Reviewer Verdict: “This resource is valuable as a supplement or review for advanced students seeking to achieve more comprehensible and native-like pronunciation.”

5. English Accent Coach (website and mobile app)
Cost: Free; additional games are US$1.39 each
From the Source: “The interactive online game that improves your English pronunciation.”
Reviewer Verdict: “User friendly software that makes pronunciation learning enjoyable and rewarding is definitely welcome…It’s fortunate that the phonological scope of these programs is restricted to vowels (and consonants) only.”

6. Sounds of Speech (website and mobile app)
Cost: Free for the website, US$3.99 for the mobile app
From the Source: “Sounds of Speech provides a comprehensive understanding of how each of the speech sounds of American English is formed. It includes animations, videos, and audio samples that describe the essential features of each of the consonants and vowels of American English.”
Reviewer Verdict: “All in all, the program is a very useful tool….While there is still some room for upgrades and development, even in its present incarnation Sounds of Speech is a solid professional instrument that can be called ‘a must’ for ESL teachers’ and students’ toolbox.”

7. English Central (website and mobile app)
Cost: US$15–US$130 per month
From the Source: “Learn English with the world’s best videos.”
Reviewer Verdict: “If learners are looking for a professional and fun site for general English learning, English Central is a solid paid option. The videos and activities are motivating, and learners’ progress can be seen and tracked. The opportunity to interact with live tutors also gives learners conversation practice…”

8. Pronunciator (website and mobile app)
Cost: Free
From the Source: “Pronunciator offers the largest ESL curriculum on the planet (50k+ instructional phrases), with courses taught in 59 non-English languages.”
Reviewer Verdict: “Overall, this software may be a great companion to learners’ language studies, both on their own as well as in a language course….As an instructor tool, Pronunciator will most likely be best used as a pronunciation practice supplement to class.”

9. Juna: Your American Accent Coach (mobile app)
Cost: free (limited), US$4.99 for complete program
From the Source: “This App is a visual representation of what happens inside your mouth when you speak American English. You can learn the specific American sounds by seeing inside the mouth of our animated character, Mimo.”
Reviewer Verdict:Juna is well worth the low $4.99 purchase cost. It is quick and easy to use, can be pulled out in a classroom for quick review, and may even be given as homework.”

10. Pronunciation for Teachers (website)
Cost: Free
From the Source: “‘Pronunciation for Teachers’ is meant to provide professional help and resources for those interested in teaching pronunciation in all educational contexts. We started this site to provide teachers and researchers a place to find out what others are doing in this quickly growing area of language study.”
Reviewer Verdict: “Pronunciationforteachers.com shows great promise. With the passage of time and the addition of more resources, it will become increasingly valuable to teachers (and researchers) looking for information on the teaching of [second language] pronunciation.”

Here are the 11 other pronunciation resources (in alphabetical order) reviewed in the TESL Reporter article:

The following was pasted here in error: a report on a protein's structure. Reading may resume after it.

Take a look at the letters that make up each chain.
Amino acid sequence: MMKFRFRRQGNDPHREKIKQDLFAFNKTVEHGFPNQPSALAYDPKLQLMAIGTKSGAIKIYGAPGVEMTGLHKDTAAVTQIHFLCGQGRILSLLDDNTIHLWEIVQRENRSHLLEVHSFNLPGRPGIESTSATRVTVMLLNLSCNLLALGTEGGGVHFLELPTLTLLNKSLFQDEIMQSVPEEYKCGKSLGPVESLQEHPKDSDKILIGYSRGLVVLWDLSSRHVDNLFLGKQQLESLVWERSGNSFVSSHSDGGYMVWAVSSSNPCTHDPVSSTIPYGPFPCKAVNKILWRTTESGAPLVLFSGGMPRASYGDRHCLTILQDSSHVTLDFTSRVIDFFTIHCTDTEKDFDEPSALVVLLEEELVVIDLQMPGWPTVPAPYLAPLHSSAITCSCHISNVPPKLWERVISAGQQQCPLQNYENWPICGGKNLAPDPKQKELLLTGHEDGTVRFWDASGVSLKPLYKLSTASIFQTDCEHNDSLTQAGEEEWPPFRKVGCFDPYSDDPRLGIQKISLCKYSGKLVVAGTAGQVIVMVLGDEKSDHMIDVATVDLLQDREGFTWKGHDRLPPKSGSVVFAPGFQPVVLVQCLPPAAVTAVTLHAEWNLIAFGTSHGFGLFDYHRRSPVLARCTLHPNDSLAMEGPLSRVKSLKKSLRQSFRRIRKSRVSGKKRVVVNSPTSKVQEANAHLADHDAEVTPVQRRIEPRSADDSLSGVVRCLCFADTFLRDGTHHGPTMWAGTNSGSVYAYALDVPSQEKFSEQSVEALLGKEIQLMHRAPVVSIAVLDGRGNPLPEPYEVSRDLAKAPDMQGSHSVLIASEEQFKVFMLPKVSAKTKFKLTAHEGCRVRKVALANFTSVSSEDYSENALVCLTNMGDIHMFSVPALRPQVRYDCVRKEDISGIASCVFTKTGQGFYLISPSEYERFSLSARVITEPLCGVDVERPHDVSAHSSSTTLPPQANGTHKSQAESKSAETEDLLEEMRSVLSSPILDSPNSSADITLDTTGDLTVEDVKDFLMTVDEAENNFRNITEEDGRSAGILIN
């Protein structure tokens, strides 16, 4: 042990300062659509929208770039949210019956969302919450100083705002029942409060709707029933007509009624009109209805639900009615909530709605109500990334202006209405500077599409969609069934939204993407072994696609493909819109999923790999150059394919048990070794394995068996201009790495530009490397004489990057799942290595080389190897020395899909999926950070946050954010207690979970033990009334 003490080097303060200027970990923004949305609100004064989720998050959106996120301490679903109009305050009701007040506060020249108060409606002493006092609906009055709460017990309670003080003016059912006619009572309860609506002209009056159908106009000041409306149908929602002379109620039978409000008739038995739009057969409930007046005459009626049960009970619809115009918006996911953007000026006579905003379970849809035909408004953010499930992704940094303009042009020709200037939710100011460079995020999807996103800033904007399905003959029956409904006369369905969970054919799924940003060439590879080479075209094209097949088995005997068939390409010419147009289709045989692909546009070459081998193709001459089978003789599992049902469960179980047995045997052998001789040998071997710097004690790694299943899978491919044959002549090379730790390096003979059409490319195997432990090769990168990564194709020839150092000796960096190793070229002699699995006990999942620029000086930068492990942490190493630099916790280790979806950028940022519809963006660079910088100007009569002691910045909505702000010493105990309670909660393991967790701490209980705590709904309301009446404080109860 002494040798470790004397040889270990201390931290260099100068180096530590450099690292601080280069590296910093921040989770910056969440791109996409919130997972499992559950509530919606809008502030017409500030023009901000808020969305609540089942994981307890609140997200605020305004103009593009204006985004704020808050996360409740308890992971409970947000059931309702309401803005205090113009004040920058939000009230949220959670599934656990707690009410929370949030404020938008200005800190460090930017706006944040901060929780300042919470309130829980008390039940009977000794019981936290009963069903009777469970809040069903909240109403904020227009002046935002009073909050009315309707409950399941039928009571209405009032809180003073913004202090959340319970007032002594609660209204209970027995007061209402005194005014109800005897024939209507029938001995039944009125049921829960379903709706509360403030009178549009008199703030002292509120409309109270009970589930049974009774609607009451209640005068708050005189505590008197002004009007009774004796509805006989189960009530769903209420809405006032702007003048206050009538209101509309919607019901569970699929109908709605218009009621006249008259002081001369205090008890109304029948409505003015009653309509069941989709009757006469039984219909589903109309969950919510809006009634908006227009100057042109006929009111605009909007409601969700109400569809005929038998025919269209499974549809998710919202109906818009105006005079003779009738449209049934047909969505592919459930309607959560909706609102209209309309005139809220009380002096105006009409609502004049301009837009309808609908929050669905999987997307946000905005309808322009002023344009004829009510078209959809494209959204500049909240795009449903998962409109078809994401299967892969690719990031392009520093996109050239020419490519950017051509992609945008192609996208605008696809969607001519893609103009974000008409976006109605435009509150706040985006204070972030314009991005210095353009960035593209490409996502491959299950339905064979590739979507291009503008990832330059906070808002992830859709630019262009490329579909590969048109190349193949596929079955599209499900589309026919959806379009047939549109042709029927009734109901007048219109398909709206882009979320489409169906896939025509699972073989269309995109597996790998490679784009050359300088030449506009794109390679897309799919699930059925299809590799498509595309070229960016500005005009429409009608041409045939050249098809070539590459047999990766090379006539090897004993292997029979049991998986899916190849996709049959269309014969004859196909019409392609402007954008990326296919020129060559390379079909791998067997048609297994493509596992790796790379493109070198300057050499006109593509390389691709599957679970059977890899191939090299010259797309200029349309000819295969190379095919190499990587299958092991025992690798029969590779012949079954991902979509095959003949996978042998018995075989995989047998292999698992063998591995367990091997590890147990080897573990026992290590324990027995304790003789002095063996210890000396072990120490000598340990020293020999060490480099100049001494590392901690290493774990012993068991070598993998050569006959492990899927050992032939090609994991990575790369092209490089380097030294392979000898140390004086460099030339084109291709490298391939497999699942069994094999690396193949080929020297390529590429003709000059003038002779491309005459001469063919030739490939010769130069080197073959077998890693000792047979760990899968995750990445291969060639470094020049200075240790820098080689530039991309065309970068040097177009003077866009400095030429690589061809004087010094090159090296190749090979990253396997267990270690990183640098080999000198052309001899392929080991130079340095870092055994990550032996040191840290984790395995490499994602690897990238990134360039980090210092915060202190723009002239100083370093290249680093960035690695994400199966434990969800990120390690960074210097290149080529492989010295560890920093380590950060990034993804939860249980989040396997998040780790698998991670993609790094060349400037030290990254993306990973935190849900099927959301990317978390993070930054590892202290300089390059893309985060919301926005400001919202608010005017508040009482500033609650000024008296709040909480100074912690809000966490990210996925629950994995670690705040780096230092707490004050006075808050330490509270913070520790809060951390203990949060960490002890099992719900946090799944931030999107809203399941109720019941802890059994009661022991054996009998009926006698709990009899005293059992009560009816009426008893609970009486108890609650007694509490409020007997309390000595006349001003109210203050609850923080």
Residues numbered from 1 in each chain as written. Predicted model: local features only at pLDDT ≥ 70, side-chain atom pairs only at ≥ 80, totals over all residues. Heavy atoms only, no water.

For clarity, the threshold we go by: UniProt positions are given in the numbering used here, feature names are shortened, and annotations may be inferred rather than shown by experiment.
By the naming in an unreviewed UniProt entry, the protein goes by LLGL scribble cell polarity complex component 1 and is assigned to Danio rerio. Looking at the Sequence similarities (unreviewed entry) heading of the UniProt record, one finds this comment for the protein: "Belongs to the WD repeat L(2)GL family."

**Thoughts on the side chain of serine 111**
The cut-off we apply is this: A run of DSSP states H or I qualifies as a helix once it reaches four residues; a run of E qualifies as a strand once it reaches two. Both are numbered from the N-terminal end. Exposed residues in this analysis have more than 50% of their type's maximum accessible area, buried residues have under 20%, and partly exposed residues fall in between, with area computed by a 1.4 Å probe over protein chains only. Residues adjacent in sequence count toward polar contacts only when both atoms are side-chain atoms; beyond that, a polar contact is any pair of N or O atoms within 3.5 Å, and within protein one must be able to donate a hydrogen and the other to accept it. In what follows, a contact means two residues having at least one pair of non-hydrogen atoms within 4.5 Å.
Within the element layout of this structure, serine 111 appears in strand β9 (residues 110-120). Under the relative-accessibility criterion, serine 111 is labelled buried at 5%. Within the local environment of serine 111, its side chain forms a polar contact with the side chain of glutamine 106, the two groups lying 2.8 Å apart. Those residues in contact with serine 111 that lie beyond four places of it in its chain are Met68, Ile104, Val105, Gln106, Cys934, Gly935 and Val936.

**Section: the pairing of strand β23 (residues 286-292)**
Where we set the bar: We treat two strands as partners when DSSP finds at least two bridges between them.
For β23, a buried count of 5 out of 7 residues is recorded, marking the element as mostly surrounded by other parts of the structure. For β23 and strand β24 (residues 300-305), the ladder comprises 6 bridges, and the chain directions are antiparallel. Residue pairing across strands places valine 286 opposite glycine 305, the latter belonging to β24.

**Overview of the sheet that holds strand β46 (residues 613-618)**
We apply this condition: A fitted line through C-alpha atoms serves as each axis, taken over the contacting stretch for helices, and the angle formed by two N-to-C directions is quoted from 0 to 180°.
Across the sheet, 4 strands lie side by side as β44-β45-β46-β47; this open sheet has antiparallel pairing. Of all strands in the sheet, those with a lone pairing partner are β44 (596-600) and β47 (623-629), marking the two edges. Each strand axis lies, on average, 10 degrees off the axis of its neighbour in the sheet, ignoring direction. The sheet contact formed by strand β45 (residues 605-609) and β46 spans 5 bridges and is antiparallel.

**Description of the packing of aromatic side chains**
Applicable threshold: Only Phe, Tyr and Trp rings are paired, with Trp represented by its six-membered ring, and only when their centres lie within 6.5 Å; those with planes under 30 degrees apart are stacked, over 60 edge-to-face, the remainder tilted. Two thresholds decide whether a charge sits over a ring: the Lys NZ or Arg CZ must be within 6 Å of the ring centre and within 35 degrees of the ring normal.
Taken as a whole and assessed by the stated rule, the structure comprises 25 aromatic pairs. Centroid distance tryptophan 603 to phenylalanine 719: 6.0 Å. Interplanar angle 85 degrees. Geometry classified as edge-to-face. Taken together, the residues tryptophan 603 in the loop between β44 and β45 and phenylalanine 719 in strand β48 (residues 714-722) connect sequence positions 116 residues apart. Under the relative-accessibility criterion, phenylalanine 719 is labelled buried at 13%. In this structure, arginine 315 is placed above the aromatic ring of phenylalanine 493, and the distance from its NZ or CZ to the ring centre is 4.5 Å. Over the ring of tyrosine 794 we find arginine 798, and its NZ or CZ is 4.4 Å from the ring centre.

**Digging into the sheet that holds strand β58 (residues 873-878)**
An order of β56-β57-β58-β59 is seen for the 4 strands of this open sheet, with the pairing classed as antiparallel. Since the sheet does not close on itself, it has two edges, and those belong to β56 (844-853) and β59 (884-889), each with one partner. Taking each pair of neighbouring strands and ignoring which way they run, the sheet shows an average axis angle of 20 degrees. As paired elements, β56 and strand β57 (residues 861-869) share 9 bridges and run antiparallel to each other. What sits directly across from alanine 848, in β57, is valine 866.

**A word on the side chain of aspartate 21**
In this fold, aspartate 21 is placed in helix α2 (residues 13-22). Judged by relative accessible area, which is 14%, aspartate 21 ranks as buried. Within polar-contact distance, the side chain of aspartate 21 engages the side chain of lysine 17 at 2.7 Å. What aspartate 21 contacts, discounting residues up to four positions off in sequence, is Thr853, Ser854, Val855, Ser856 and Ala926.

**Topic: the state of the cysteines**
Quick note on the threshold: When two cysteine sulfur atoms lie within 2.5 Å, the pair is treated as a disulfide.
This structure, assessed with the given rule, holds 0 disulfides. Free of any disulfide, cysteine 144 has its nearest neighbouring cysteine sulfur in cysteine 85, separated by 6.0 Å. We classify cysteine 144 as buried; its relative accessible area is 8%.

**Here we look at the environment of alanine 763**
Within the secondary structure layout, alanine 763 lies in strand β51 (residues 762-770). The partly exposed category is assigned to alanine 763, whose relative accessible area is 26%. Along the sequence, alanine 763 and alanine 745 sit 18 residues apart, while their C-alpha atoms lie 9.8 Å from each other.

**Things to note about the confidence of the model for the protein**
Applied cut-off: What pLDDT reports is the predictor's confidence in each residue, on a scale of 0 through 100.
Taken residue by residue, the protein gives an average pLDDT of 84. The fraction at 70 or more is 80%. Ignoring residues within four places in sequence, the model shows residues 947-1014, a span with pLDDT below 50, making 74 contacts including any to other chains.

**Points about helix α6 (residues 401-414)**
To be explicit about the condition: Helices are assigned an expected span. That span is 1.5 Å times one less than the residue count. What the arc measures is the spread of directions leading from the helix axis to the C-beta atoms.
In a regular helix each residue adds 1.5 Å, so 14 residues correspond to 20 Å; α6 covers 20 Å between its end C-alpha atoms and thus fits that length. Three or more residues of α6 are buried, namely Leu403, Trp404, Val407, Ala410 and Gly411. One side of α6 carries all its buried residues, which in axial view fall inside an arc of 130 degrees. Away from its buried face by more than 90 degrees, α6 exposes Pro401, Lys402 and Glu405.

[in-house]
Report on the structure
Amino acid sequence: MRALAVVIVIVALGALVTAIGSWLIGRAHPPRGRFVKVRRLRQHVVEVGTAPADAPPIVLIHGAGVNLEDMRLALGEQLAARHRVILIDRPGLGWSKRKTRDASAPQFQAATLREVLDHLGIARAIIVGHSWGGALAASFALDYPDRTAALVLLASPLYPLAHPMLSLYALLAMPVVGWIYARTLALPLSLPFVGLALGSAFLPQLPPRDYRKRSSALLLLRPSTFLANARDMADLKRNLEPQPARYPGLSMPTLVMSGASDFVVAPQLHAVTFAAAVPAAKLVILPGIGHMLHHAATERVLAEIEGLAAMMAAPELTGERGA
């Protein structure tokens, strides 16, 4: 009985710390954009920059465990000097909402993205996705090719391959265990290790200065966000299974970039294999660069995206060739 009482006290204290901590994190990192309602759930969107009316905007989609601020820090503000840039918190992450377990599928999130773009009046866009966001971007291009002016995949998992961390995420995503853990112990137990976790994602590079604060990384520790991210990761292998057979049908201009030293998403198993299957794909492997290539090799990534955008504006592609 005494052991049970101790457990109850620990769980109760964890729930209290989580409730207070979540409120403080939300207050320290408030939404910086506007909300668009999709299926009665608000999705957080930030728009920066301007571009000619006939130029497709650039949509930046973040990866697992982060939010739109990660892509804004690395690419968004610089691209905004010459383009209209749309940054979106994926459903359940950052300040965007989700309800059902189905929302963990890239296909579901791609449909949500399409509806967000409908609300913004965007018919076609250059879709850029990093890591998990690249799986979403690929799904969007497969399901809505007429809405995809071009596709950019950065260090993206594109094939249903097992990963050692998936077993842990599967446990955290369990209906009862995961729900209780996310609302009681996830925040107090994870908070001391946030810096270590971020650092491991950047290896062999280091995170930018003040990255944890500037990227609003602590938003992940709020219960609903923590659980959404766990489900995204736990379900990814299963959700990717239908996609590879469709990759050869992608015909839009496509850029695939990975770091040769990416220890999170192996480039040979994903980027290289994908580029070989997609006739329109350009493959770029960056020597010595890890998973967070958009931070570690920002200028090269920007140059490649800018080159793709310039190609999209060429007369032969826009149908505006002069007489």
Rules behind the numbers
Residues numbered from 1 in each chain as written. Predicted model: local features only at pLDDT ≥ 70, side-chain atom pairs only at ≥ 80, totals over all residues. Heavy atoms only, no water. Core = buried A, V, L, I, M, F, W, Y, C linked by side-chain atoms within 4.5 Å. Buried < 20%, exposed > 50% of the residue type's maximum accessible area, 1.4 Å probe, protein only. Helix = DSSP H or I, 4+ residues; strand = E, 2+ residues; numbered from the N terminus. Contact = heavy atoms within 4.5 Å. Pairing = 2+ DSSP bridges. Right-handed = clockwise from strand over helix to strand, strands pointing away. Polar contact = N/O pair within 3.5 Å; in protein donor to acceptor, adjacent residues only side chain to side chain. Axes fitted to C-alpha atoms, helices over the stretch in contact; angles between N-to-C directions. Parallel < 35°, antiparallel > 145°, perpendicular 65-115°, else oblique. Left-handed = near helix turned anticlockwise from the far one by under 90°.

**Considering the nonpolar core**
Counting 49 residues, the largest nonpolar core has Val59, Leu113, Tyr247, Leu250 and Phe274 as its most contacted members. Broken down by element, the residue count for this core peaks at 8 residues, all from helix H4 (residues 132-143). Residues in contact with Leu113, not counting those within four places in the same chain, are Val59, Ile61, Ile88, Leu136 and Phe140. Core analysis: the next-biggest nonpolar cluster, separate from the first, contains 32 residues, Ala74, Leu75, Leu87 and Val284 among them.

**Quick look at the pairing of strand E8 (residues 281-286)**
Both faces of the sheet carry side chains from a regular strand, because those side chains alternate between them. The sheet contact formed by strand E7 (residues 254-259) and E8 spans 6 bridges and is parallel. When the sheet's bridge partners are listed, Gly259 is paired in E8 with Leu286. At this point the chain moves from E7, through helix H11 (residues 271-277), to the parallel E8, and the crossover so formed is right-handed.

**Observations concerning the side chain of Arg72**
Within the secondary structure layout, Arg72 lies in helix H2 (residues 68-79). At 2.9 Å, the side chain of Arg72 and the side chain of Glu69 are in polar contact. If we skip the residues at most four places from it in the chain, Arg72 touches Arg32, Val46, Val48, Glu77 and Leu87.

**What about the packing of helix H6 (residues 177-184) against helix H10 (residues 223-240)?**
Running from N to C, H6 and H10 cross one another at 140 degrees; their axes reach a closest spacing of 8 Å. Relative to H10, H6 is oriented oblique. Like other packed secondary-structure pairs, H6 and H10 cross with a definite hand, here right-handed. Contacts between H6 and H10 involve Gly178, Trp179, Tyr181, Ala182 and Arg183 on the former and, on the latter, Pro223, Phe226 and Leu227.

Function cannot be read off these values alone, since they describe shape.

1. AmEnglish Pronunciation in English (cloud-based software; subscription costs beginning at US$29.95)
  2. Mango Languages (subscription database and mobile app; free at participating libraries, US$20 per month for personal subscriptions)
  3. One Stop English (website; US$68/year membership, free 30-day trial)
  4. Perception of Spoken English (POSE) Test (website; free for students, cost variable for teachers, free 30-day trial)
  5. Pronuncian: American English Pronunciation (website; free and paid membership options)
  6. Pronunciation Matters (website; cost variable)
  7. Reading Horizons English Sounds and Letters (software; cost variable for individual or classroom subscriptions) or (mobile app; $0.99)
  8. Ship or Sheep (website; free)
  9. Train Your Accent (website; free)

Note that—despite the pronunciation-teaching/learning theme that all these websites and apps share—there is great variety in their objectives, procedures, quality, costs, and so on. Of course, that variety is good. For the wide range of learning purposes and learners that exist, no single instructional tool can be universally superior. Instead, teachers and learners must choose the most appropriate website, app, or other tool for a particular instructional purpose or situation. Doing that is largely a matter of finding the right “fit” with learner’s needs, goals, level, learning style, and situation (Byrd & Schuemann, 2014, p. 383).

Given the intimidating array of websites and mobile apps dealing with a wide variety of aspects of English pronunciation, this collection of reviews is intended to help English pronunciation teachers find the software that best fits their (or their students’) particular teaching/learning circumstances, purpose, style, and budget.

References

Byrd, P., & Schuemann, C. (2014). English as a second/foreign language textbooks: How to choose them—How to use them. In M. Celce-Murcia, D. M. Brinton, & M. A. Snow (Eds.), Teaching English as a second or foreign language (4th ed., pp. 380–393), Boston, MA: National Geographic Learning.

Henrichsen, L., Devenport Blanco, K., Carreño, S., Carter, S., Decker, L., Fry, L.…Zhao, K. (2018). Online resources for learners and teachers of English language pronunciation. TESL Reporter, 51(1), 23–89.

Martins, C. G. de F. M., Levis, J. M., & Borges, V. M. C. (2016). The design of an instrument to evaluate software for EFL/ESL pronunciation teaching. Ilha do Desterro, 69(1), 141–160.

Download this article (PDF)


Lynn Henrichsen is a professor of TESOL in the Linguistics Department at Brigham Young University in Provo, Utah, USA. He teaches courses in TESOL instructional methods, research methods, materials development, and the teaching of English listening, speaking, and pronunciation.